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Cement Kiln Recycling Coalition v. EPA

ELR Citation: 37 ELR 20176
Nos. No. 06-1005, (D.C. Cir., 07/13/2007)

The D.C. Circuit denied petitions for review of a U.S. Environmental Protection Agency (EPA) regulation governing the permitting process for facilities that burn hazardous waste as fuel. In 2005, EPA issued maximum achievable control technology (MACT) standards for hazardous waste combustors. EPA also announced that the existing 1991 Resource Conservation and Recovery Act (RCRA) regulations would no longer apply to combustors demonstrating compliance with the new MACT standards. But because there will be instances where EPA cannot assure that emissions from each source will be "protective of human health and the environment" under RCRA, EPA issued a new regulation that authorizes permitting authorities to conduct site-specific risk assessments (SSRAs) on a case-by-case basis. Petitioners argued that the regulation, 40 C.F.R. §270.10(l), violates RCRA because it fails to spell out the information that is required in a permit application. But the regulation adequately guides both regulated parties and permitting authorities as to the types of information that may be required in a permit application. Although the challenged regulation may not provide as much detail as the petitioners wish, RCRA does not require more. Petitioners also argued that the regulation was impermissibly vague as to its trigger for requiring an SSRA—a conclusion by the permitting authority that compliance with the MACT standards alone may not be "protective of human health or the environment." Yet, the regulation does not merely define the triggers in terms of what is "protective of human health or the environment." It provides nine relatively specific factors to guide that determination. Again, RCRA does not require more. EPA also provided adequate notice as to its rationale for the SSRA program and responded to petitioners' comments. The court also denied review of an EPA guidance document, Challenge to Human Health Risk Assessment Protocol, for lack of jurisdiction because the document is not a final regulation or requirement.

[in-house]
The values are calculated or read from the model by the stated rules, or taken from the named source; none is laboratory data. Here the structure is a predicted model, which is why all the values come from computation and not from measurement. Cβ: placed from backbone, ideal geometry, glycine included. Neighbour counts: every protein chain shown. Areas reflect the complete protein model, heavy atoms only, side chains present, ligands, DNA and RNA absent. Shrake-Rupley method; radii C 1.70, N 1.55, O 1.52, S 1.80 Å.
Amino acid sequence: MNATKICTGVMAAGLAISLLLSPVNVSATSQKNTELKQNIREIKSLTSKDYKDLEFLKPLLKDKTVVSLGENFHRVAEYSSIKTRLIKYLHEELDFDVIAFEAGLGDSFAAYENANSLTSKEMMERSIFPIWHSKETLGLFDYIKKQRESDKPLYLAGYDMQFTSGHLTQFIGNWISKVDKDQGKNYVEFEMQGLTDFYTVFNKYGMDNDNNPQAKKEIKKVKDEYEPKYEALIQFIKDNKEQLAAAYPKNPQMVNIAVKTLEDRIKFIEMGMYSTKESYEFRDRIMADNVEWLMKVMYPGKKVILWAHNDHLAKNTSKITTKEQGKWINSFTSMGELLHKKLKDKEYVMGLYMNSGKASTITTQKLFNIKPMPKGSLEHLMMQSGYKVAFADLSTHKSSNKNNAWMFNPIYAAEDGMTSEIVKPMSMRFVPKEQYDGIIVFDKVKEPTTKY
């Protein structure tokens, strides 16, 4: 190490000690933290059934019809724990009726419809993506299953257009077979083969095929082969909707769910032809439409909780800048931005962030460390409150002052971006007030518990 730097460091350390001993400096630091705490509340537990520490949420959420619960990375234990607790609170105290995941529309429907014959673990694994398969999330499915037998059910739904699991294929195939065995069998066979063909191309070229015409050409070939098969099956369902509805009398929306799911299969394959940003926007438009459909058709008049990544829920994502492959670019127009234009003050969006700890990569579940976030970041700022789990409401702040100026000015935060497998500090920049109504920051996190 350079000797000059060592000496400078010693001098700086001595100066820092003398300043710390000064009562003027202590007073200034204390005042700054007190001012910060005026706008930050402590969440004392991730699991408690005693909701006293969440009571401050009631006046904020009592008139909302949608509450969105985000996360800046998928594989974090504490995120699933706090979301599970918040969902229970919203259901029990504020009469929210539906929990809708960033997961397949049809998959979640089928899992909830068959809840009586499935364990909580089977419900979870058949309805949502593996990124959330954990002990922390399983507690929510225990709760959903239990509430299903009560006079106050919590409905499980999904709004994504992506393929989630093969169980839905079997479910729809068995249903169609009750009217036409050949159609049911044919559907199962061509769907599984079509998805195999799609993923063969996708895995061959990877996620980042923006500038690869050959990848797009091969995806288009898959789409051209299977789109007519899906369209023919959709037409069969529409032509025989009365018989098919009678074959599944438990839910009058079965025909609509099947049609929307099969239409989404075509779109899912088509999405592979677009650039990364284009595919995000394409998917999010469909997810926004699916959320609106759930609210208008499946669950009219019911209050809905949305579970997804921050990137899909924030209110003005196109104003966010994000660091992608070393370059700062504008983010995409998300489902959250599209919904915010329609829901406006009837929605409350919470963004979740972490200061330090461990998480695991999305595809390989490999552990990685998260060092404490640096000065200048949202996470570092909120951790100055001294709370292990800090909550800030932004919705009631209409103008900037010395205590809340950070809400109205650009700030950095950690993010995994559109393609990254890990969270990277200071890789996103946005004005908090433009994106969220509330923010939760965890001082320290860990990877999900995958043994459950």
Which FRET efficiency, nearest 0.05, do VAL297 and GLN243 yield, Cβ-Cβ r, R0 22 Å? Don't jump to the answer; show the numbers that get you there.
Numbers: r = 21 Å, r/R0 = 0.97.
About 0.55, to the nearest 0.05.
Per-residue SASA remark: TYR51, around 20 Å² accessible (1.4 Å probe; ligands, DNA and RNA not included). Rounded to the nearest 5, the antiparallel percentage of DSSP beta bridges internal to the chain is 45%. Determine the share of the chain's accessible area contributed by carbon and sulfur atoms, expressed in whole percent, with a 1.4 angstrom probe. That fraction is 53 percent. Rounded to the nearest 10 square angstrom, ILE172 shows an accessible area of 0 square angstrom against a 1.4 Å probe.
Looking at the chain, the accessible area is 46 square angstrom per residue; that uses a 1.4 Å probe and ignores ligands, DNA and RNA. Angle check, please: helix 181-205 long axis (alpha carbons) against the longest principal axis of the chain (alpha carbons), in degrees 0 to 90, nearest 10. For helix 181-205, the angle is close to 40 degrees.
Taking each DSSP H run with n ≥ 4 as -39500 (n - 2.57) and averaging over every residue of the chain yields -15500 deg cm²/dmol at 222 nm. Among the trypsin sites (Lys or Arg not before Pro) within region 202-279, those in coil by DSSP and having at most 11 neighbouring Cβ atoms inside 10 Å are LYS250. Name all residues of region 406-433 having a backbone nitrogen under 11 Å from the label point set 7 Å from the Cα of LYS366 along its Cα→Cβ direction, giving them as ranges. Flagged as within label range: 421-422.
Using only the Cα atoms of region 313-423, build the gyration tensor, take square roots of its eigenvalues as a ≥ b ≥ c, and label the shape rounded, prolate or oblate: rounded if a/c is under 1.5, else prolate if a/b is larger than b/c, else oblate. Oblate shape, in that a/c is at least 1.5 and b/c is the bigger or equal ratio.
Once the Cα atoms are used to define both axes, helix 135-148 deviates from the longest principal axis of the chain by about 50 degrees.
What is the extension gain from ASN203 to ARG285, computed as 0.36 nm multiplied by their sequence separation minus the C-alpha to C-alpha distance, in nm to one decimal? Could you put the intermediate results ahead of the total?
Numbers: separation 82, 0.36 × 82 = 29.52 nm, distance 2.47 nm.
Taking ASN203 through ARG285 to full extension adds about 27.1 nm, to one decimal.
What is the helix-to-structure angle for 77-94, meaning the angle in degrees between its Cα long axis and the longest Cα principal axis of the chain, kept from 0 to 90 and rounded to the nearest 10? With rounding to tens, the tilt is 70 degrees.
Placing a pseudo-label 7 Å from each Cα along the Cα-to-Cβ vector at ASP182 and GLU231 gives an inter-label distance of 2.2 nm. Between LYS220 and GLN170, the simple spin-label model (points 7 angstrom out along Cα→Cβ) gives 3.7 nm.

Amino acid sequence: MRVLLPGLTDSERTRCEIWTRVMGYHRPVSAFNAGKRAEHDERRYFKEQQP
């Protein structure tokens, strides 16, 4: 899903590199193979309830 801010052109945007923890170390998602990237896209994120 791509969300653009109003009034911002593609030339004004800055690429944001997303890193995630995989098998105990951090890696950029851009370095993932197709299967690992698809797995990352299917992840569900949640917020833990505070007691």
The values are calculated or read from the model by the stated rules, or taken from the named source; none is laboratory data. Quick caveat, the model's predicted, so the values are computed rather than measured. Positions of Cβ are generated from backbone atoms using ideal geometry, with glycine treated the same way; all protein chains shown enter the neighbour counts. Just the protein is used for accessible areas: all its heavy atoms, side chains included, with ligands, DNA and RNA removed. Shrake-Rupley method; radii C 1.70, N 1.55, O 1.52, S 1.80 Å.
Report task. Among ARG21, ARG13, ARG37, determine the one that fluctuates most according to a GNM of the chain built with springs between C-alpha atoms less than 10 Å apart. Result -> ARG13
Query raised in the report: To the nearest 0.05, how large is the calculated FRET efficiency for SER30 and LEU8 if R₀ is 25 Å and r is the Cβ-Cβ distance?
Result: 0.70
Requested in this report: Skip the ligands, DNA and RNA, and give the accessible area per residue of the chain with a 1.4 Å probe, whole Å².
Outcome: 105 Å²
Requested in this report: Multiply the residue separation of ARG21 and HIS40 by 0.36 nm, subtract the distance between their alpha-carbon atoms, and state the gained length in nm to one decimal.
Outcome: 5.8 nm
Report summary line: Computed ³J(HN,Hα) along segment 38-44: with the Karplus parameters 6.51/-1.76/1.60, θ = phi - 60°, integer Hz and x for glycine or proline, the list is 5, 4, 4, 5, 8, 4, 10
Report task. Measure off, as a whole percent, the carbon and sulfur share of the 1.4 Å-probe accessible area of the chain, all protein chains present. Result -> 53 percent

[A related decision in this litigation can be found at 31 ELR 20834.]